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When it comes to colorism, LisaRaye doesn’t understand all of the fuss.

She reminded people of that during an episode of Cocktails with Queens this week where the hosts discussed the controversy surrounding a New York-based radio host fired for colorist comments. Rob Lederman, formerly of The Morning Bull Show on 97 Rock, shared his preferences among his white co-hosts on the show in regards to Black women, comparing the skin tones of notable women of color to toaster settings.

Starting out by saying “I may get into trouble for this,” Lederman said, “I will never go to a Serena Williams level, but I’m very comfortable with a Halle Berry level.”

He went further adding, “I need a little bit of mulatto still coming through.”

While publicly stating that he would never be attracted to a darker-skinned woman was offensive to her co-hosts (and most people who heard the comments), LisaRaye didn’t get the uproar.

“Wait a minute. What I heard was an opinion. I heard that he’s saying that he won’t go as far as a dark-skinned Black woman,” she said. “He’s comfortable with going with the color of a Halle Berry. What’s wrong with that?”

When Syleena Johnson tried to explain to her the ignorance of the comments, LisaRaye replied by saying only a small bit of the conversation was put out there, and he simply was sharing the kind of woman he’s partial to.

“You don’t got a preference? How [do] you say it? ‘I like mocha chocolate opposed to cappuccino?'”

“This man said I like ’em more mixed. That’s what this man said!” Johnson replied. “He said I like ’em more mulatto. That’s what this man said. To me, that is colorism and discriminatory. That’s a fool.”

LisaRaye said comparing skin tones to toast is similar to her way of comparing Black skin, as a Black woman mind you, to the shades of coffee drinks. No, girl. Just no.

“I don’t know. I’m not there with it. I just think that we’re so sensitive now,” she said. “Everybody gonna get caught up now because I think everybody is gon’ be so sensitive and ain’t gon’ know what to say and how to say it and it’s going to take the fun out of everything and everybody gon’ get slapped with lawsuits and defamation and it’s gon’ to be tedious and ain’t nobody gonna be able to talk about nothin.”

This isn’t the first time LisaRaye has played confused about why people are upset in regards to moments of colorism. Earlier this year she was one of the few people who came to the defense of singer DaniLeigh after a clip of her controversial song “Yellow Bone {That’s What He Want)” was shared on her social media.

“I’m light skin, I’m a redbone, I’m a yellow bone, I’m boney,” LisaRaye said in January in response to the uproar. “I think that you know, India Arie, ‘Brown skin, you know I love your brown skin,’ — I’ve heard women and men talk about what they have, because I guess, and you can contest to this, that you’ve got to start inward with what you all sing about; meaning what your experience is, what you have gone through and whatever. For her to celebrate her skin, I don’t think that there’s anything wrong with that. I do think that just because it’s Black Lives Matter, is it that Black lives matter because we’re talking about dark skin Black lives matter? Or light skin and cappuccino and caramel and expresso and all of that?”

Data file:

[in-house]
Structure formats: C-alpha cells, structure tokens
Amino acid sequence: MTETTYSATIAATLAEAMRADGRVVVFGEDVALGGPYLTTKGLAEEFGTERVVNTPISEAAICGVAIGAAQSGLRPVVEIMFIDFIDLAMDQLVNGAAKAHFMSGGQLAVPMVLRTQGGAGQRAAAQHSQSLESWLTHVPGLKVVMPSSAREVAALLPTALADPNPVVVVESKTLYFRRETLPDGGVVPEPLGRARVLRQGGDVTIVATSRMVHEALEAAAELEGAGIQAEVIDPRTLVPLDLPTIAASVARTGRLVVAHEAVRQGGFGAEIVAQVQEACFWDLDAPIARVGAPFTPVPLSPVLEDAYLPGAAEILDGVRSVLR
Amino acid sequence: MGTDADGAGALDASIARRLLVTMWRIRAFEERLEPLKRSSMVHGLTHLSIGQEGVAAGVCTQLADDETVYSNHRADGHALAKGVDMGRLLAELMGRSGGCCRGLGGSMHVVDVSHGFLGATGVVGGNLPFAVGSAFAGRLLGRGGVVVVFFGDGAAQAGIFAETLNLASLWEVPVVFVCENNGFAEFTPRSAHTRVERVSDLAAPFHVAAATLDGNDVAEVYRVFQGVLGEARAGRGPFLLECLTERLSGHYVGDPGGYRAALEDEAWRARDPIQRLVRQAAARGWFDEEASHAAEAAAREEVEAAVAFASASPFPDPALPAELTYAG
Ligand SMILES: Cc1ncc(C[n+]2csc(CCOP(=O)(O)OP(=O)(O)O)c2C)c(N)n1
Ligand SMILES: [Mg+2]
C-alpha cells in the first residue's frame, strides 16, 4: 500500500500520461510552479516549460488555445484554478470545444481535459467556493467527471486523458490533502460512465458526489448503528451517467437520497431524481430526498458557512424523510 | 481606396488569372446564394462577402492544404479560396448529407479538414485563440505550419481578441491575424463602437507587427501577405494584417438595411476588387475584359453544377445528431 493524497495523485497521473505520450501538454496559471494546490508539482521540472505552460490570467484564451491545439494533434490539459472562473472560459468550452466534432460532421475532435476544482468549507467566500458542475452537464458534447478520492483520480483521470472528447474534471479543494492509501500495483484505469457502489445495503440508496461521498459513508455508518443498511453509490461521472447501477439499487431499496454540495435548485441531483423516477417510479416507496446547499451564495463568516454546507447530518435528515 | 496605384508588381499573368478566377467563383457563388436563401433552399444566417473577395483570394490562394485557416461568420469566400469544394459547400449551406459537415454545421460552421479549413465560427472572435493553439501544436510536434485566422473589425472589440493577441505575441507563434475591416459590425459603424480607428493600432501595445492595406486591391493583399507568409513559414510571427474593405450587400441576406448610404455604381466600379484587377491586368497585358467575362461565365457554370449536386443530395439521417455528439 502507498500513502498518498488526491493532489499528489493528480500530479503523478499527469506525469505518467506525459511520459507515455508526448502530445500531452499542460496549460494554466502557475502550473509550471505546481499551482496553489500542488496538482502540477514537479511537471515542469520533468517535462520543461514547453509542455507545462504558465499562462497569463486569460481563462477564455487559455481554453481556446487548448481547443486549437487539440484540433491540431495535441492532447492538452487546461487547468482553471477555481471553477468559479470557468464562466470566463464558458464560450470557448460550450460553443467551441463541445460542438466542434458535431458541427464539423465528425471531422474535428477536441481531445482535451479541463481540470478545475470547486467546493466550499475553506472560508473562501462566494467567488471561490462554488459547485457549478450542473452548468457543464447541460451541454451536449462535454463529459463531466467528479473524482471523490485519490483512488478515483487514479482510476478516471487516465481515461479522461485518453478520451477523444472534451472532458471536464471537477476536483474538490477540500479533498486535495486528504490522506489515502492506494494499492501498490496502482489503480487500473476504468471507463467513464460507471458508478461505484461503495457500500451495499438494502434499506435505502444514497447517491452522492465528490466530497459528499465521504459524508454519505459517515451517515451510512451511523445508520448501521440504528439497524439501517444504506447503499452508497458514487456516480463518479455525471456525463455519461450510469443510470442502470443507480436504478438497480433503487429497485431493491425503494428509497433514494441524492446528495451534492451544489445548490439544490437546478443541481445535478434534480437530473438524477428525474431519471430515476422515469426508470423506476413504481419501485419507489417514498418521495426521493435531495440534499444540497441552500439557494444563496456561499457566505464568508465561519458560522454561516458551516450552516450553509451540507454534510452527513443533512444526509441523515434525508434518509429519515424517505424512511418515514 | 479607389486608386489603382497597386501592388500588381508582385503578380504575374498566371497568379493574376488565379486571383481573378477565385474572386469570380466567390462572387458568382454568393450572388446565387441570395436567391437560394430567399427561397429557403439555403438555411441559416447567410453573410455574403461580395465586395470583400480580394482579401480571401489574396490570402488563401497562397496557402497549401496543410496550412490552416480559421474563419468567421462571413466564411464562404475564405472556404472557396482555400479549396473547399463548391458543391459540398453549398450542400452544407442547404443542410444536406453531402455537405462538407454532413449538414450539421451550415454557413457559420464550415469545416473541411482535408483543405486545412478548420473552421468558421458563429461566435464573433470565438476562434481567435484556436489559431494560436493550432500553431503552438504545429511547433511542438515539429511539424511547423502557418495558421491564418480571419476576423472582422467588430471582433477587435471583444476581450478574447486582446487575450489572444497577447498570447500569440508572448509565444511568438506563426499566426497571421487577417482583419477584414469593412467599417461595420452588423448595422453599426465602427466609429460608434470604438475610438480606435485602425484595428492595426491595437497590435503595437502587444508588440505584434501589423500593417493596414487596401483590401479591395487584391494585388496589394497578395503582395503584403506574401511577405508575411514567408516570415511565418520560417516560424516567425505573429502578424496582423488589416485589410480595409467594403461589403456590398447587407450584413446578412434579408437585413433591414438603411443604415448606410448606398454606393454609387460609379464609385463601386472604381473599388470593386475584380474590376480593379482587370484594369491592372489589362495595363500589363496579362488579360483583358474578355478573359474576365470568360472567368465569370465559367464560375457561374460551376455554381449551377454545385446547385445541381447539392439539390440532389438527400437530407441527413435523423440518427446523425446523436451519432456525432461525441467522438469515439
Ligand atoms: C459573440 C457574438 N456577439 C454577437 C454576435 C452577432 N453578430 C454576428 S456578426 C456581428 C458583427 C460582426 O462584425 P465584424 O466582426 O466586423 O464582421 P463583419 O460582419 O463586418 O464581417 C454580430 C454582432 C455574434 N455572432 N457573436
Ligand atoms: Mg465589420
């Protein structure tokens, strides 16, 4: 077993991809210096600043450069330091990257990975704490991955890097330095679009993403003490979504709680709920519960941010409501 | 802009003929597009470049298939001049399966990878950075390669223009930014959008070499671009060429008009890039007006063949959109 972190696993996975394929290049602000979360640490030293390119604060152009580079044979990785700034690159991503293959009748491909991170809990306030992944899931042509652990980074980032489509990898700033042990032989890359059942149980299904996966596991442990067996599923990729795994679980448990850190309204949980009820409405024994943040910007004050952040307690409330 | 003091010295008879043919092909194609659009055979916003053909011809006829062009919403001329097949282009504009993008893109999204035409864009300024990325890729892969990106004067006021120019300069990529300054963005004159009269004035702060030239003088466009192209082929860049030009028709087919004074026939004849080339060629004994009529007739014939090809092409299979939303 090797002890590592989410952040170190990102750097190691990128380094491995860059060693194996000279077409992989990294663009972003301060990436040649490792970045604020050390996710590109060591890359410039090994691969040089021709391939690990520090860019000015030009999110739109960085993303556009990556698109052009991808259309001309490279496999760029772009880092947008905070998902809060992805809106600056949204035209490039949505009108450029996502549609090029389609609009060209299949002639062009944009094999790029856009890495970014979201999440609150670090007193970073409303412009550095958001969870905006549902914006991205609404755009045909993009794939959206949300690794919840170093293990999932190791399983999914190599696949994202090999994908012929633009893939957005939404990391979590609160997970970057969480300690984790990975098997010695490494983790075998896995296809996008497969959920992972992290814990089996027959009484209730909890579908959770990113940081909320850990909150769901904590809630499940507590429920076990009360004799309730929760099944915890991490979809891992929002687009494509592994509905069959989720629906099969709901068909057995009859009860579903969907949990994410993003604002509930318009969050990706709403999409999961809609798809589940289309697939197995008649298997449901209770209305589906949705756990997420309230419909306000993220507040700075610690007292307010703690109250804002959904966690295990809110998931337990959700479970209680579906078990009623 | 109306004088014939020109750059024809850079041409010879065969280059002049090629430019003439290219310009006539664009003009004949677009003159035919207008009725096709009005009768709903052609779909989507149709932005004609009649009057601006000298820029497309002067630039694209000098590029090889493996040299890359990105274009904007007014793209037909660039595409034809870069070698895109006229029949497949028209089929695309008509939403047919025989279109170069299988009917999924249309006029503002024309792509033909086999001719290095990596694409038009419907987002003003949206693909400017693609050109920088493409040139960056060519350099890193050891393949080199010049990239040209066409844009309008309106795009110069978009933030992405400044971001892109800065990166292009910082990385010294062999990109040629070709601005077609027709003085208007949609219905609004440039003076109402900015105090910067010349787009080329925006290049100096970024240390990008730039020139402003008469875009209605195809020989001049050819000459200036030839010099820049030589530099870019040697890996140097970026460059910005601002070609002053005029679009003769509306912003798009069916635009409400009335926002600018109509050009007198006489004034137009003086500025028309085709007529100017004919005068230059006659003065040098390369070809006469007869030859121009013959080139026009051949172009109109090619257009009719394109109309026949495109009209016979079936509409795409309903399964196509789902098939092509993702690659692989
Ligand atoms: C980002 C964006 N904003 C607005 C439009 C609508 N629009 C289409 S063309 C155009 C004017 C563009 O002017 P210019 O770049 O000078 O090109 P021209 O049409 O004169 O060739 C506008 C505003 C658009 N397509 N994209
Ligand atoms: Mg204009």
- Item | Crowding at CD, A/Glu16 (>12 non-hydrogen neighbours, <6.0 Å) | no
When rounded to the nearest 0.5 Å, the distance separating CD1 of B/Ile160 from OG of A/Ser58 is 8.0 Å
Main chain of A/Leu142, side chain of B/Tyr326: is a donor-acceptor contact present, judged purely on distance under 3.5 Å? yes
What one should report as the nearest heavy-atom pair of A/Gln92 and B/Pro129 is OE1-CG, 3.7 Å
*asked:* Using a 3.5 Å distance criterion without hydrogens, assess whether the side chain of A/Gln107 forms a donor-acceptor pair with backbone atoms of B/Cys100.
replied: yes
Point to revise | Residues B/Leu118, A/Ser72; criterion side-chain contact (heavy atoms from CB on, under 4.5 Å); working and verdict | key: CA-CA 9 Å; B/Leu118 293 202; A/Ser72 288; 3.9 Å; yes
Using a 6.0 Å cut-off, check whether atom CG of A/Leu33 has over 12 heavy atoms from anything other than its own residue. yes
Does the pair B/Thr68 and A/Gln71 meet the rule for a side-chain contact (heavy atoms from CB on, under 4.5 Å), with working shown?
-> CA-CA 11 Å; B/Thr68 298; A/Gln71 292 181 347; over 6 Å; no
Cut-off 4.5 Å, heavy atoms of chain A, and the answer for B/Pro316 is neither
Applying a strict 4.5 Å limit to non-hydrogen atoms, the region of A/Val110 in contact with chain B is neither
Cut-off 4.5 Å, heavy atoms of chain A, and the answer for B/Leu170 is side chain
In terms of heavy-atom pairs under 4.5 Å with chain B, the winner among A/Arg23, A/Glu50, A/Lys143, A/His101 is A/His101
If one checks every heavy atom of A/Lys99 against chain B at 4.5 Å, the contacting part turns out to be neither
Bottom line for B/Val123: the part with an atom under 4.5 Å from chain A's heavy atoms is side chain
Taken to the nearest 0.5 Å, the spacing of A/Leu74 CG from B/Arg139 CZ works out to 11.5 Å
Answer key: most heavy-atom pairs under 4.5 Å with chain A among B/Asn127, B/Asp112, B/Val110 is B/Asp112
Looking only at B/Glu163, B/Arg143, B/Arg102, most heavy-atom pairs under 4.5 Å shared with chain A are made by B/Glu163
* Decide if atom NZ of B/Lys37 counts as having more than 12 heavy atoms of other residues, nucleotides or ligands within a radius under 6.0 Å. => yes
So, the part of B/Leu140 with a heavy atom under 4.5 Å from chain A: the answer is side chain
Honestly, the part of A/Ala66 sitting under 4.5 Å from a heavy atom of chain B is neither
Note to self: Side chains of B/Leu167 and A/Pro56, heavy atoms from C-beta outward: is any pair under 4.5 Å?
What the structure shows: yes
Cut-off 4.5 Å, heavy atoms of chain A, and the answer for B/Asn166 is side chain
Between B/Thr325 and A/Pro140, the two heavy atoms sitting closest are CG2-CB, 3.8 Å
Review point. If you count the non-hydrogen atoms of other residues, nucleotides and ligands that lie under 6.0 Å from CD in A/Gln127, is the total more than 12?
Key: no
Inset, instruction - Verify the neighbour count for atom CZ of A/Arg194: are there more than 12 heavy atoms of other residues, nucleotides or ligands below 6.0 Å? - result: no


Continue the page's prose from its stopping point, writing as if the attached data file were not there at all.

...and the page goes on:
As a light-skinned woman, it wasn’t a shock that she wouldn’t see why a song like that might be seen as a bad look, but the disrespect was very clear in regards to Lederman’s comments concerning Black women’s skin tones. Saying you would “never” go for a darker woman but love a mixed one is incredibly offensive and gives the impression that only Black women mixed with something else are beautiful. Even the person he lauded in that silly conversation was outraged:

Granted, he’s welcome to have his opinion, but to use his platform to publicly state it when it was ignorant as hell and hurtful (and he knew it was, which is why he introduced the view by saying he could “get in trouble” for it), is very bold. The backlash he received was fair.

And no, LisaRaye, people weren’t just being sensitive in regards to this situation. Colorism is bad enough amongst us, we don’t need white people out here publicly perpetuating it. But as the complimented “toaster setting,” she didn’t see anything wrong with what was said. And it seems that when people who look like her are uplifted in a way that is seen as putting down other shades of Black women, she doesn’t want to understand how it’s problematic. There is a clear block there and a desire to see herself in situations; to be defensive when the insults felt by darker women are centered in conversations. Perhaps if she realized that light-skin Black women are often represented and embraced in comparison to brown, dark-skinned and the other shades of Black women, she would realize why people are so fed up with this kind of thing.

She certainly is welcome to have an opinion that’s unlike others when controversial topics are brought up. Different viewpoints are great to share. But LisaRaye’s positions on matters of colorism rarely provide a refreshing perspective or really add anything to the discussions had by her colleagues. She just doesn’t get it. She simply doesn’t want to because how would that benefit her?

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